He entered Cooperstown on the second ballot, was named to Major League Baseball's All-Century Team, and is honored with his name on the award given to the top pitchers in each league to this day.

Young knocked off No. 10 Bobby Knight in the first round, 809-444.

38 Comments

Comments

collards's picture

Archie had a great career, but Brown changed football forever and won as many NC's at tOSU as Tress did. I hope the younger voters will look up what Brown did.  The game we see today is from Brown including the west coast offense which should be called the Cincy offense designed for ken Anderson.

 

Archie won 2 trophies, but Paul Brown was the most influential man ever in football. He recommended Lombardi to the Packers and Landry to the cowboys. Offseason workouts, playbooks,nose guards, t formation, film study, coaches calling every play through messenger guards and many other things. He put Massilon on the map, won a NC at tOSU and started 2 pro teams.

 

Paul Brown is modern day football.

Collards

+21 HS
TMac's picture

It's early, but I assume the vote here will be determined by Archie and tOSU being inseparable over actual football contribution. 

+1 HS
BGBOY's picture

Plus, Paul Brown has a stadium and an NFL team named after him. 

 

 

You can tune a piano but you can't tuna fish.

+1 HS
Abe Froman's picture

One NFL team named after him as well as founding another (Cincy).  Definitely influential to the sport at multiple levels.

Basking in the wake of mediocrity.....

+1 HS
ab1993's picture

Well, Archie had a ballroom in the Union named after him...

Class of '16

+1 HS
Oyster's picture

Don't forget an animated family also.

NitroBuck's picture

You missed one Brown innovation that comes up every year at recruiting and combine time.  Brown thought it would be good to see how fast guys can run 40 yards, as that is the typical length of a punt.  

Ferio.  Tego.

+5 HS
KBonay's picture

Paul Brown is a legend.  Mike Brown, however, is the opposite of awesome.  And I fear the lack of support for Paul might be the disdain for his son Mike. Not saying it's  right.  But might explain why his numbers are this low.

+1 HS
spqr2008's picture

Yes that's all true. However, he also raised Mike Brown.

NorthernOhioBuckeye's picture

That was a tough pick, but I have to agree with you. Paul Brown is probably the single most important football person of all time. He basically revolutionized the sport.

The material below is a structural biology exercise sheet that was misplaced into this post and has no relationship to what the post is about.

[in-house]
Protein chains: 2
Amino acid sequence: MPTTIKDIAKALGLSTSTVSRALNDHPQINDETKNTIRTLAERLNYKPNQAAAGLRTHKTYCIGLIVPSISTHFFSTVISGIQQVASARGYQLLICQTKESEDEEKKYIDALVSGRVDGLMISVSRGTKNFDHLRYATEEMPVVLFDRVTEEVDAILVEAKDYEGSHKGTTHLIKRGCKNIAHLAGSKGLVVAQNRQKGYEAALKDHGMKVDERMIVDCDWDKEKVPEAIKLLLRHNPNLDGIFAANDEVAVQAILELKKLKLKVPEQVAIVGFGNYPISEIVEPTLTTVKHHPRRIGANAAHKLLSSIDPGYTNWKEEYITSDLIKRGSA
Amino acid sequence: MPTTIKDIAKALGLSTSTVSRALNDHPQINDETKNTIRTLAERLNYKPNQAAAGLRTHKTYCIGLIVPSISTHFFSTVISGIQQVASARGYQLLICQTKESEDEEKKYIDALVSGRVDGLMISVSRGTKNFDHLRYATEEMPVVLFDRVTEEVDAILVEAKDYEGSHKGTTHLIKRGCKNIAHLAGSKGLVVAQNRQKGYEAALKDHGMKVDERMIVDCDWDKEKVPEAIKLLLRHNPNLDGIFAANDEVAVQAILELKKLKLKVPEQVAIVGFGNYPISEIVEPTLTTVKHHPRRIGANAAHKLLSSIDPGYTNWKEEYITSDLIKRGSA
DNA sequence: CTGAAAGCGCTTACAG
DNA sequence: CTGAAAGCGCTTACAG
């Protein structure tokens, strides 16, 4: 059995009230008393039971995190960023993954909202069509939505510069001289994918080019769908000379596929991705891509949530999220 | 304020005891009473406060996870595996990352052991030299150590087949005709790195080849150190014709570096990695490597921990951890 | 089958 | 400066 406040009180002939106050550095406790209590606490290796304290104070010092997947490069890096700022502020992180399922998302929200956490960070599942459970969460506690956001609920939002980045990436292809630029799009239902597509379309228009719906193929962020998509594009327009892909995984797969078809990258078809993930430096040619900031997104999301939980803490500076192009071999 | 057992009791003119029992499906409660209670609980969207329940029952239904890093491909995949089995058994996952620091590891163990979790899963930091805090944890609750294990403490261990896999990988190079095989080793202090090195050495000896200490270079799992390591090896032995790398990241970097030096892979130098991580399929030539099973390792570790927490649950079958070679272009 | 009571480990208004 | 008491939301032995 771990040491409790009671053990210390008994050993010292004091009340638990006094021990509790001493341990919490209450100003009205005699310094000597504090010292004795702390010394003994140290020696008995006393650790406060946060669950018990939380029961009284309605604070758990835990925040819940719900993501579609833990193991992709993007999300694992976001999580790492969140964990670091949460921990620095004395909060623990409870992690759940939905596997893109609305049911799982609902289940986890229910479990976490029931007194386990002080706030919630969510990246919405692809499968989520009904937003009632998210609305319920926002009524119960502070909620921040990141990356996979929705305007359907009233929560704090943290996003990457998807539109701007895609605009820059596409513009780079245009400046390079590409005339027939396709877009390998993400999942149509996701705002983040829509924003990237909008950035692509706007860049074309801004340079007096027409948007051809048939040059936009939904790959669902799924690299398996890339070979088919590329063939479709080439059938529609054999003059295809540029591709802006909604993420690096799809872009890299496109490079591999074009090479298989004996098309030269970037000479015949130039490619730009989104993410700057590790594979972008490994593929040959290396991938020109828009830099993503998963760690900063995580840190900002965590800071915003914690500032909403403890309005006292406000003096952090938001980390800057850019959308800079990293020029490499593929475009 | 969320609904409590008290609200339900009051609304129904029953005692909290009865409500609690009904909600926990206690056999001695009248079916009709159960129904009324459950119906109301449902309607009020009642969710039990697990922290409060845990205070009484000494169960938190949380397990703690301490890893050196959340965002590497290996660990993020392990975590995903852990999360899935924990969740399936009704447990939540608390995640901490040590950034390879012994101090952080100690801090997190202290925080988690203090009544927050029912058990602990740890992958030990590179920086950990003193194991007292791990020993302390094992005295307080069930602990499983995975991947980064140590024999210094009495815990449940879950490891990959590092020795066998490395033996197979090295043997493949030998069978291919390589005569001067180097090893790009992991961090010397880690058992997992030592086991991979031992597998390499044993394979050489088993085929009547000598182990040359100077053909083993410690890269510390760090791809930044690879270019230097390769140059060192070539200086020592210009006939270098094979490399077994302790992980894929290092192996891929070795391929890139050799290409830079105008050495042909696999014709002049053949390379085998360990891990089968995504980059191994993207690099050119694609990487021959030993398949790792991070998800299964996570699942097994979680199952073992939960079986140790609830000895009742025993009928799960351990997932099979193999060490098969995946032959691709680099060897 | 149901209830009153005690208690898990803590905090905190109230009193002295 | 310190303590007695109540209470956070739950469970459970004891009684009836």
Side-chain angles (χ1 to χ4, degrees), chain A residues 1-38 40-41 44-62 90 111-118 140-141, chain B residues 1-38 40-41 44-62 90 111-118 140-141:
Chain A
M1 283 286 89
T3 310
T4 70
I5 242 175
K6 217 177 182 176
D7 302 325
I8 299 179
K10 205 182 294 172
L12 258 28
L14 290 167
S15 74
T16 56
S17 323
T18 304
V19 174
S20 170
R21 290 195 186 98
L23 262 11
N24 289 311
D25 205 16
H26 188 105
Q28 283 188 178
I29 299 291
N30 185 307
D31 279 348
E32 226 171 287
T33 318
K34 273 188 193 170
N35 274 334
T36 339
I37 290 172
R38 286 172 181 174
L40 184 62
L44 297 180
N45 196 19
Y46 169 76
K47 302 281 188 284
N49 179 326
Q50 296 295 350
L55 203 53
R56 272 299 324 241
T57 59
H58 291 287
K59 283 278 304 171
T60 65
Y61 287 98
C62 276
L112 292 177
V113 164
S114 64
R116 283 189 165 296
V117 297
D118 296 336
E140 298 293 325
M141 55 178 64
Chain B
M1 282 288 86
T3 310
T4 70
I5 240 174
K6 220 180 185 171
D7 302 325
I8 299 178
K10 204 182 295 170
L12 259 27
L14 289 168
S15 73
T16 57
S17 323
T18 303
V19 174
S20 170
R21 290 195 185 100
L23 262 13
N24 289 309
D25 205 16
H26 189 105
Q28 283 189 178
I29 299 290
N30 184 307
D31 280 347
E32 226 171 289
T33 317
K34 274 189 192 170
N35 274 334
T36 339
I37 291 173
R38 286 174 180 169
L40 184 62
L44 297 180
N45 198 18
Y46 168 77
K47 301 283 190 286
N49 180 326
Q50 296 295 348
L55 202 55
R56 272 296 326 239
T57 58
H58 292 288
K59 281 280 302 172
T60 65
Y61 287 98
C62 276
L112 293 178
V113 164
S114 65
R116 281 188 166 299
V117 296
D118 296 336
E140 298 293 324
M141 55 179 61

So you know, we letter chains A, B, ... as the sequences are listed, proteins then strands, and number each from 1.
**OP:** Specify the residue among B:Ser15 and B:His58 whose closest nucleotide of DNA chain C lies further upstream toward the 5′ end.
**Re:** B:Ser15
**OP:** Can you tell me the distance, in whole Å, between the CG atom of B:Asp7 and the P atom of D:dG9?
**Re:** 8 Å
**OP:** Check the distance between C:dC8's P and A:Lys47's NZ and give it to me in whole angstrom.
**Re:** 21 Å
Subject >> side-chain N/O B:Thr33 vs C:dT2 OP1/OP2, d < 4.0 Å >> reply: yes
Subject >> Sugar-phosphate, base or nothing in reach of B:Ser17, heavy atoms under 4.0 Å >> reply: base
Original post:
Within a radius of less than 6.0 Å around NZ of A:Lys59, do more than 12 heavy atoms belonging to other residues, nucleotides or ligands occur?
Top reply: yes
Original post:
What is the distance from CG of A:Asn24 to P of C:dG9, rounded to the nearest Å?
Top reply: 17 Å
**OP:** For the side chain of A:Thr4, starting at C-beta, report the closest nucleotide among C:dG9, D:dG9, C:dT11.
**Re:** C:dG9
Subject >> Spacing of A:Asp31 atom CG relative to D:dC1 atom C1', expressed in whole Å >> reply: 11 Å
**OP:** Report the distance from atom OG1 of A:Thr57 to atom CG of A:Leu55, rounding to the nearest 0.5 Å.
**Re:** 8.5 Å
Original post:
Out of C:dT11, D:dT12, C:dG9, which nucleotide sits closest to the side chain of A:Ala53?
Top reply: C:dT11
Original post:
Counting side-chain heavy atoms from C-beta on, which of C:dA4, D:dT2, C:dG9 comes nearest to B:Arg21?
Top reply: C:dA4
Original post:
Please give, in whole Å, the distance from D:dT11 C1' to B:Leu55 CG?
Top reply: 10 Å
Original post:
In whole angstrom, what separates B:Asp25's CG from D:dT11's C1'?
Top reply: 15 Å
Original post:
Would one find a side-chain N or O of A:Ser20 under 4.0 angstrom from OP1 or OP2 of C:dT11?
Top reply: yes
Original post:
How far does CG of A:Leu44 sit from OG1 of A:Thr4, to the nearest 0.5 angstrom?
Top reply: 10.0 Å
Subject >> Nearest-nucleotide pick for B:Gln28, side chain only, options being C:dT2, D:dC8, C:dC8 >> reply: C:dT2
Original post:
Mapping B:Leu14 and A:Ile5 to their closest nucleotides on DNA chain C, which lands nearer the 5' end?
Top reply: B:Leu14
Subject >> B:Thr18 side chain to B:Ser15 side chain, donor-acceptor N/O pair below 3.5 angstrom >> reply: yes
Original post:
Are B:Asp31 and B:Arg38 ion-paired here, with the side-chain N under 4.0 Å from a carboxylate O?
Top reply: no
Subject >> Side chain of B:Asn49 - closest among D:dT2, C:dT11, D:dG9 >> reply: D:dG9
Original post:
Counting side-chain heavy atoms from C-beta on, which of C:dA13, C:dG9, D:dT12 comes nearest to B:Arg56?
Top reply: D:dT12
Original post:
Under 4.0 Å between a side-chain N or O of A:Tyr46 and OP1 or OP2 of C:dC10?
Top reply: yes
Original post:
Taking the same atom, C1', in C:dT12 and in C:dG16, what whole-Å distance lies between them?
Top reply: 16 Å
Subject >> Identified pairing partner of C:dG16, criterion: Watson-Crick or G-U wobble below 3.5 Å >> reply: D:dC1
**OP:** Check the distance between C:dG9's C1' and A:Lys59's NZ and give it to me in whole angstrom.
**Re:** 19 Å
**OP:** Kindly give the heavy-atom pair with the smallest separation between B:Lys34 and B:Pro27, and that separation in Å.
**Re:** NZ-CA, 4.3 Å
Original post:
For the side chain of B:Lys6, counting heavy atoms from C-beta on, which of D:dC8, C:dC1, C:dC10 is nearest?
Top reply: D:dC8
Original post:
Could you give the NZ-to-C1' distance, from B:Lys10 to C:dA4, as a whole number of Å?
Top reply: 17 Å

Archie was a great college back and one heck of an ambassador's for tOSU. However, his accomplishments pale in comparison the Paul Brown.

AndyVance's picture

As with the Paul Brown vote, I fear the Jesse/Jerry contest will not be as close as it should. Owens should almost certainly win, but Jerry Lucas is one of the most successful basketball players in history, and you would be hard pressed not to name him the top Basketbuck ever.

+1 HS
BHT's picture

Agreed. Lucas won the first and ONLY national championship for the men's basketball team. Owens is just awesome. As of 11:05 am EDT, Owens is winning in a landslide, but I think it should be closer. I voted for Owens, but this is a hard vote. I had the same trouble with Woody Hayes and Jim Tressel, but of course, I voted for Hayes.

+1 HS
NorthernOhioBuckeye's picture

+1,000,000.

You said everything I was thinking on this subject.

+1 HS
Scarlet_Lutefisk's picture

It shouldn't be close.

Jesse Owens transcends sports, his performance changed the perception of people around the world.

How many Ohioans have streets named after them...in Berlin?

 

+6 HS
AndyVance's picture

Yes, perhaps I could have phrased that differently... My point was not to slight the incomparable Jesse Owens, but rather to express my profound respect for the great Jerry Lucas. Your point is well made.

+2 HS
Scarlet_Lutefisk's picture

I understand and I didn't see it as a slight. Jerry Lucas has been a great ambassador for Ohio State Buckeyes should be proud of his accomplishments.

My answer would have been the same if Owens were up against Magic, Jordan, Bird or Kareem. There are just some athletes whose accomplishment go far beyond their athletic importance.

Muhammad Ali, Jackie Robinson, Billie Jean King...

+1 HS
RedStorm45's picture

Havlicek had a better pro career.

+1 HS
collards's picture

Jesse was a world known historical figure. I was a Royals fan so I just loved Jerry growing up. It is just like Tress vs. Pete Rose. I live in NJ and I asked two peers of mine who are both faculty at a college this question. They both could care little, if anything, about sports, but they both had heard of Rose and neither of themTress. Only at tOSU would Tress beat Rose. That would go for Luke beating Jesse.